We all need a friend from time to time.
To laugh with, cry with, just be ourselves with.
But sometimes we look around and the friend we really need isn’t there anymore, and the friends we do have just don’t cut it somehow.
If that rings bells, then it may be time for a friend audit.
We tend to think of friendships as things that just happen – we meet people, discover things in common and become friends.
Before we know it, we are surrounded by friends, at work, in our personal life, old friends from university, new friends from the school gate.
Hundreds on Facebook that we’ve accumulated along the way.
But pause and take a proper look at our friendships and we may realise that we have quantity over quality, with lots of friends that don’t really know us.
Or that the really important people have drifted out of sight, still connected but not in our day-to-day lives in the way they were.
Or worse still that some of the friendships that occupy us the most are not serving us well, take too much out without giving much back, or are actively toxic.
This can leave us feeling alone and unsupported, especially when we need a shoulder to cry on.
So it’s sensible not to leave our friendships to chance, instead paying more attention to these important relationships so that over time we can nurture and build the friendships that sustain us, and fix or move away from the ones that weigh us down.
A good place to start in this conscious curation of our friendships is to carry out a quick audit of the friends you have, to identify which relationships are serving you and which aren’t.
These five questions can help you consider your existing friendships.
Pick the five friends you spend most time with and work through the questions for each friend.
Five questions to ask yourself about your friends
Do I enjoy them? Do they bring me joy?
A great place to start when thinking about friends is to consider whether you enjoy them.
It might seem an odd question, because why would you be friends with someone you don’t enjoy hanging out with.
But it’s surprising just how often our friendships aren’t enjoyable and bring us little pleasure.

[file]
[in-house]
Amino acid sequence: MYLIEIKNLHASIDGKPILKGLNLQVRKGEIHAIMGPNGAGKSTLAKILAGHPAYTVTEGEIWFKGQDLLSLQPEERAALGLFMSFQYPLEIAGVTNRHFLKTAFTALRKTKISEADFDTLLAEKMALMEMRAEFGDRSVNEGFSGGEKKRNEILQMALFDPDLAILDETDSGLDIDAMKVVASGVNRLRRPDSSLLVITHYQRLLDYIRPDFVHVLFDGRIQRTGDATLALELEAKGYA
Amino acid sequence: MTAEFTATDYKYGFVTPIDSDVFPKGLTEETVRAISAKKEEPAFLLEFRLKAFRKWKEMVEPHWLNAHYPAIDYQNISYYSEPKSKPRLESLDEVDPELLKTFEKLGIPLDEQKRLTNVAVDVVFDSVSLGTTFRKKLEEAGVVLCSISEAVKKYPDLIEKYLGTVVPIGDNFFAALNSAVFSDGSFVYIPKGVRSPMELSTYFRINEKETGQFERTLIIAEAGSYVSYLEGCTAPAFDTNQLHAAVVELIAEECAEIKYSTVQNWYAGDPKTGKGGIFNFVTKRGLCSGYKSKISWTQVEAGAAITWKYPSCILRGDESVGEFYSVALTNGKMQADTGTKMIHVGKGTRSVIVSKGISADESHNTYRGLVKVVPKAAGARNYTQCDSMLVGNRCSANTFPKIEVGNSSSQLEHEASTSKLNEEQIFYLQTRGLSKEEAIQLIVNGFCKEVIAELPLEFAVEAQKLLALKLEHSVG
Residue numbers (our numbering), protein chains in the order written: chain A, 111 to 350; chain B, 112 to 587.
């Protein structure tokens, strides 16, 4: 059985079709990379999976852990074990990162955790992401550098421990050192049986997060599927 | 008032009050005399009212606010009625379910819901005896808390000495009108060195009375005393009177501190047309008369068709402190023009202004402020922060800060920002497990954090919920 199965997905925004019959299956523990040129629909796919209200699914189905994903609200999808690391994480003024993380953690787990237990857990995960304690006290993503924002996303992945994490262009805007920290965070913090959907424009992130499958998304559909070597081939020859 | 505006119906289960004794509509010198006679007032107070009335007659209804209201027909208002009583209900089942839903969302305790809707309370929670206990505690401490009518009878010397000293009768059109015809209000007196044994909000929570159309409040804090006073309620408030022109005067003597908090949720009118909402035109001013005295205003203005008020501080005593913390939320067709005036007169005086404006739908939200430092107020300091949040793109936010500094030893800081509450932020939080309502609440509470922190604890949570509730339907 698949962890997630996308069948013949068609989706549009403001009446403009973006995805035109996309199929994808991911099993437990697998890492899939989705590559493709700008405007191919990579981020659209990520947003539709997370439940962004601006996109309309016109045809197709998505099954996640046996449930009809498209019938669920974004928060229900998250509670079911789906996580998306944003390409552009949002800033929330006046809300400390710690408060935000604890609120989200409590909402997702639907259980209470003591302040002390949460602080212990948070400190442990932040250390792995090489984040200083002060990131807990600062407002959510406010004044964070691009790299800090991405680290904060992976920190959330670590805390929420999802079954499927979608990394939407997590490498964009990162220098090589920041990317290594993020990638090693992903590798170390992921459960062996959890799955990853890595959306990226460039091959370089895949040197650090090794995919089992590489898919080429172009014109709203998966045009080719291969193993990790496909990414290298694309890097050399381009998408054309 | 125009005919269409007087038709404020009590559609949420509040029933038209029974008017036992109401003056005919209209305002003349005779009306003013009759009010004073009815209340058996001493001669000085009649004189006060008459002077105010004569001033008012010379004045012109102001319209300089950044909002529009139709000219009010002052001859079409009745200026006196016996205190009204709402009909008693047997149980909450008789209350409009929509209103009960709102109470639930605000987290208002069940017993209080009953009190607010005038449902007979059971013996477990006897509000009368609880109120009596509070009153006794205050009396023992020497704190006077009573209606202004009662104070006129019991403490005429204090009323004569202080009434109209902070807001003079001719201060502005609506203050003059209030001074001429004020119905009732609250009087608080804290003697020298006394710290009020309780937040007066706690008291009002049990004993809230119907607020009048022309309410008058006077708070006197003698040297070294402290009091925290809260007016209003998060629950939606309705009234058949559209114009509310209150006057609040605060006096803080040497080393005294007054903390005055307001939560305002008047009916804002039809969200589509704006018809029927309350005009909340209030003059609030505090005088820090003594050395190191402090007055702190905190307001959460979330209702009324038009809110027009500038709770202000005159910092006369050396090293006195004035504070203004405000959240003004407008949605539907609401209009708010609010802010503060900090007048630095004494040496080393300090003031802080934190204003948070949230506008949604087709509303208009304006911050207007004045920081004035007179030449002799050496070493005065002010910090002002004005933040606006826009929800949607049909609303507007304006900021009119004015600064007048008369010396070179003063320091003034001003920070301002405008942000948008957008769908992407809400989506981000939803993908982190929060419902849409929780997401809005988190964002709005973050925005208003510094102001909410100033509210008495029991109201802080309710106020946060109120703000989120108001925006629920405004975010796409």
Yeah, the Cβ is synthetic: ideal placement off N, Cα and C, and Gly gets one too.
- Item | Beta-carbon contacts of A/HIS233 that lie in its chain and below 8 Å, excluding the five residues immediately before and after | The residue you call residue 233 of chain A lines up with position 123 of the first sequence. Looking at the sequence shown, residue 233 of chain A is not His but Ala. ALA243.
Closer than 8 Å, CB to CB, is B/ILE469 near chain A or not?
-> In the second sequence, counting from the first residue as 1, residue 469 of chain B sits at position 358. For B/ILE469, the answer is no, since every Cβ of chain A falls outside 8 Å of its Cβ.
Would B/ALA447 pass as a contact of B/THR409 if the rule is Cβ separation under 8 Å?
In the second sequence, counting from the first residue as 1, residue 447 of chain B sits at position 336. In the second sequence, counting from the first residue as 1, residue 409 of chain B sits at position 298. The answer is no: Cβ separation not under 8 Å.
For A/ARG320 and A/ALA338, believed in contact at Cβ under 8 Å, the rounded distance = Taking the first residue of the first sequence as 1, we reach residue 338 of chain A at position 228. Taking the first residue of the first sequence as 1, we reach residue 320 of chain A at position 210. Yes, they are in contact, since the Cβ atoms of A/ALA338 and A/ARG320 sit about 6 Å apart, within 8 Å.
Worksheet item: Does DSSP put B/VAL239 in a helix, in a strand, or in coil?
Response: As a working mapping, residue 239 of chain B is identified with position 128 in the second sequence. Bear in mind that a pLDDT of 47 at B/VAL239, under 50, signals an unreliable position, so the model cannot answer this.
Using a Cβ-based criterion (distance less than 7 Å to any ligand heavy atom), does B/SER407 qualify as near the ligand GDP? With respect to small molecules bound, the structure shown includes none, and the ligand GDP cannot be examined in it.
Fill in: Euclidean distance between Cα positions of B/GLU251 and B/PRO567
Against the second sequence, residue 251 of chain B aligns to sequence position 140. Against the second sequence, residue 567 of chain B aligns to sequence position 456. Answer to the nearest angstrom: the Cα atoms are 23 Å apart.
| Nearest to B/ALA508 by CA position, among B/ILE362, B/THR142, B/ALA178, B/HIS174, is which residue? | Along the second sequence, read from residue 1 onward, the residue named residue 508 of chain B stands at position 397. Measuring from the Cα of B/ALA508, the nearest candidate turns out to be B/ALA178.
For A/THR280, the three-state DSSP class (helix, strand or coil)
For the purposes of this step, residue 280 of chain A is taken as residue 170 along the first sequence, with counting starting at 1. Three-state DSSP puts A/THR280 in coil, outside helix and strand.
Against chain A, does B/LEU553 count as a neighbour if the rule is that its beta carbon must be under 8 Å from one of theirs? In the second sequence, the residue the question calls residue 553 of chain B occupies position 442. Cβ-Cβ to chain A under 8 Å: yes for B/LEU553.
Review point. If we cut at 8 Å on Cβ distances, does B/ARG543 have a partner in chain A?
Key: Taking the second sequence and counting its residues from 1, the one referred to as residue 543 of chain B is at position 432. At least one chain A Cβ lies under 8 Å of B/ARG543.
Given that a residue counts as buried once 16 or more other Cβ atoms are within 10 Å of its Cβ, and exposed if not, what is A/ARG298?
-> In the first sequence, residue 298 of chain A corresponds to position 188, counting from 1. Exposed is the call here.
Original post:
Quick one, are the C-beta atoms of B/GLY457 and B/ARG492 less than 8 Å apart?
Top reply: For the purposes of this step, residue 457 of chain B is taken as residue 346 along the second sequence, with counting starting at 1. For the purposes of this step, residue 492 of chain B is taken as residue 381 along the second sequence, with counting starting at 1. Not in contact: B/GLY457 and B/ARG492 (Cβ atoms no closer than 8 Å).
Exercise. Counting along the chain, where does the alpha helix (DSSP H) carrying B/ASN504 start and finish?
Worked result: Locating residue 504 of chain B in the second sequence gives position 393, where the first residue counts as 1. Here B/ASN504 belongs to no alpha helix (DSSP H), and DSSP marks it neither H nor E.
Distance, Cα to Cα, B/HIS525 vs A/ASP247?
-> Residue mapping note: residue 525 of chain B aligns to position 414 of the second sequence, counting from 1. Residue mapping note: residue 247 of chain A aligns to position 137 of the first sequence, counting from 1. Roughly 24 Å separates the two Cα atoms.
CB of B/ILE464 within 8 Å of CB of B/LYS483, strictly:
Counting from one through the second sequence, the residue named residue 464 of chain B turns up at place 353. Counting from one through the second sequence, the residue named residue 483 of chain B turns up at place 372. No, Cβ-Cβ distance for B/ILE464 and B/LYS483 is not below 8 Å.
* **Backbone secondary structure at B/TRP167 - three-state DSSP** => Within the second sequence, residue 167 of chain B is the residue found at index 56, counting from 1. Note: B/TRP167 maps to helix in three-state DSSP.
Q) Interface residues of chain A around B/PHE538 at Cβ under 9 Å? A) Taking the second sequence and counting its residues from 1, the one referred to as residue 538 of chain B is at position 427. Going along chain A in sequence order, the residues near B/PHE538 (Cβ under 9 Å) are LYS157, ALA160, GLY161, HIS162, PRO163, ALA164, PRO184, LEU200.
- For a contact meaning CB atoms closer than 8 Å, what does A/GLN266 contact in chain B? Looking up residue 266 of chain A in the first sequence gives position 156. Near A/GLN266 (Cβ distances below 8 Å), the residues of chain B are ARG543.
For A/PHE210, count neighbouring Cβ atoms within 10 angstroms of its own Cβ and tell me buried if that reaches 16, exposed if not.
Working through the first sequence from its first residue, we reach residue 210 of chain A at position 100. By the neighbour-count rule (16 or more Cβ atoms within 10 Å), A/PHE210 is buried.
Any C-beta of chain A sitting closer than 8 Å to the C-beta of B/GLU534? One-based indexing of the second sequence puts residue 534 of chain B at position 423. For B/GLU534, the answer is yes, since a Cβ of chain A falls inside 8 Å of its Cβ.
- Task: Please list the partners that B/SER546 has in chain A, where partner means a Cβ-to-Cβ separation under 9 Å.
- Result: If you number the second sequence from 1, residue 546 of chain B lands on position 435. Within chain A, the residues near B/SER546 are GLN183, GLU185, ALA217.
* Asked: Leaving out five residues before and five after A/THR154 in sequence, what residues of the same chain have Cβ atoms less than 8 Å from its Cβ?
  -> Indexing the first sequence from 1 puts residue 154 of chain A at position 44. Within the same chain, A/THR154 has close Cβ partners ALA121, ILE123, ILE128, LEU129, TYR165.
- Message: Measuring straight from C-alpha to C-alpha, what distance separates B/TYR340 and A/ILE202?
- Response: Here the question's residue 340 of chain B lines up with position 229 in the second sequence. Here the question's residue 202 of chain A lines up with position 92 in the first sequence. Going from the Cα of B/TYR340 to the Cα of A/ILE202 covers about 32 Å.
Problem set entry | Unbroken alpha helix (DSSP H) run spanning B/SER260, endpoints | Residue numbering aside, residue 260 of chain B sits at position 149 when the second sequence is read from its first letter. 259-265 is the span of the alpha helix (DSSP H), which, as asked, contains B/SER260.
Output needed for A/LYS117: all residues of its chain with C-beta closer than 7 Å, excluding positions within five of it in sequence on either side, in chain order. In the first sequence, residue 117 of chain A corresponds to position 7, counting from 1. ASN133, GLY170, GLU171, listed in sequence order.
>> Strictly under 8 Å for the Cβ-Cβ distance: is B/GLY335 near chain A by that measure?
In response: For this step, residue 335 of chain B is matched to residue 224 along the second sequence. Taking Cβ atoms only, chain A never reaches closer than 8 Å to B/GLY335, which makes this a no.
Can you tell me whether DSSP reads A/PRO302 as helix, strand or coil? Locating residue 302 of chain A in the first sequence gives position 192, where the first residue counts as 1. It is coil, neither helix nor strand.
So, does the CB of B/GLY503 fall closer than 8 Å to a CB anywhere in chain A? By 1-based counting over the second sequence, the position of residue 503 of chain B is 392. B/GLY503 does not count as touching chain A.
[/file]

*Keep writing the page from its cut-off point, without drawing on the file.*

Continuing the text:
So just like Marie Kondo advises with possessions, consider whether a friend brings you joy.
It doesn’t have to be constant joy and good friends should sometimes be challenging in a way that might feel uncomfortable.
Equally they may need your support as they go through difficult times.
Life is not always easy after all.
But if you have friends who never or rarely bring you joy, then it’s worth thinking about whether they’re a friend you need in your life.
This friend looks like: a friend you laugh with, who leaves you energised and with a warm glow after spending time with them.
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Does their friendship help you through challenging times?
We sometimes ask whether our friends meet our needs.
Do they support me?
Are they around for me when I need them?
Do they make me feel loved?
The trouble with this approach is that no one but yourself can meet your needs.
People can love, support and be around for you as much as they like, but if it doesn’t meet your own standard or definition of what you’re looking for, then your need won’t be met.
So what you should instead be asking yourself is whether their presence in your life helps you meet your own needs.
Does a conversation with them when I’m suffering give me the clarity I need to move forward?
Does time spent with them nourish and restore me, helping me meet challenges with renewed energy and resolve?
Does their very existence in my life calm and strengthen me?
Friendships should never be demanding or transactional.
But if they nourish and strengthen you in a way that lifts you up, you can still give you a huge amount.
This friend looks like: a friend you want to call when you’re in pain or suffering.
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Do they love you for who you are?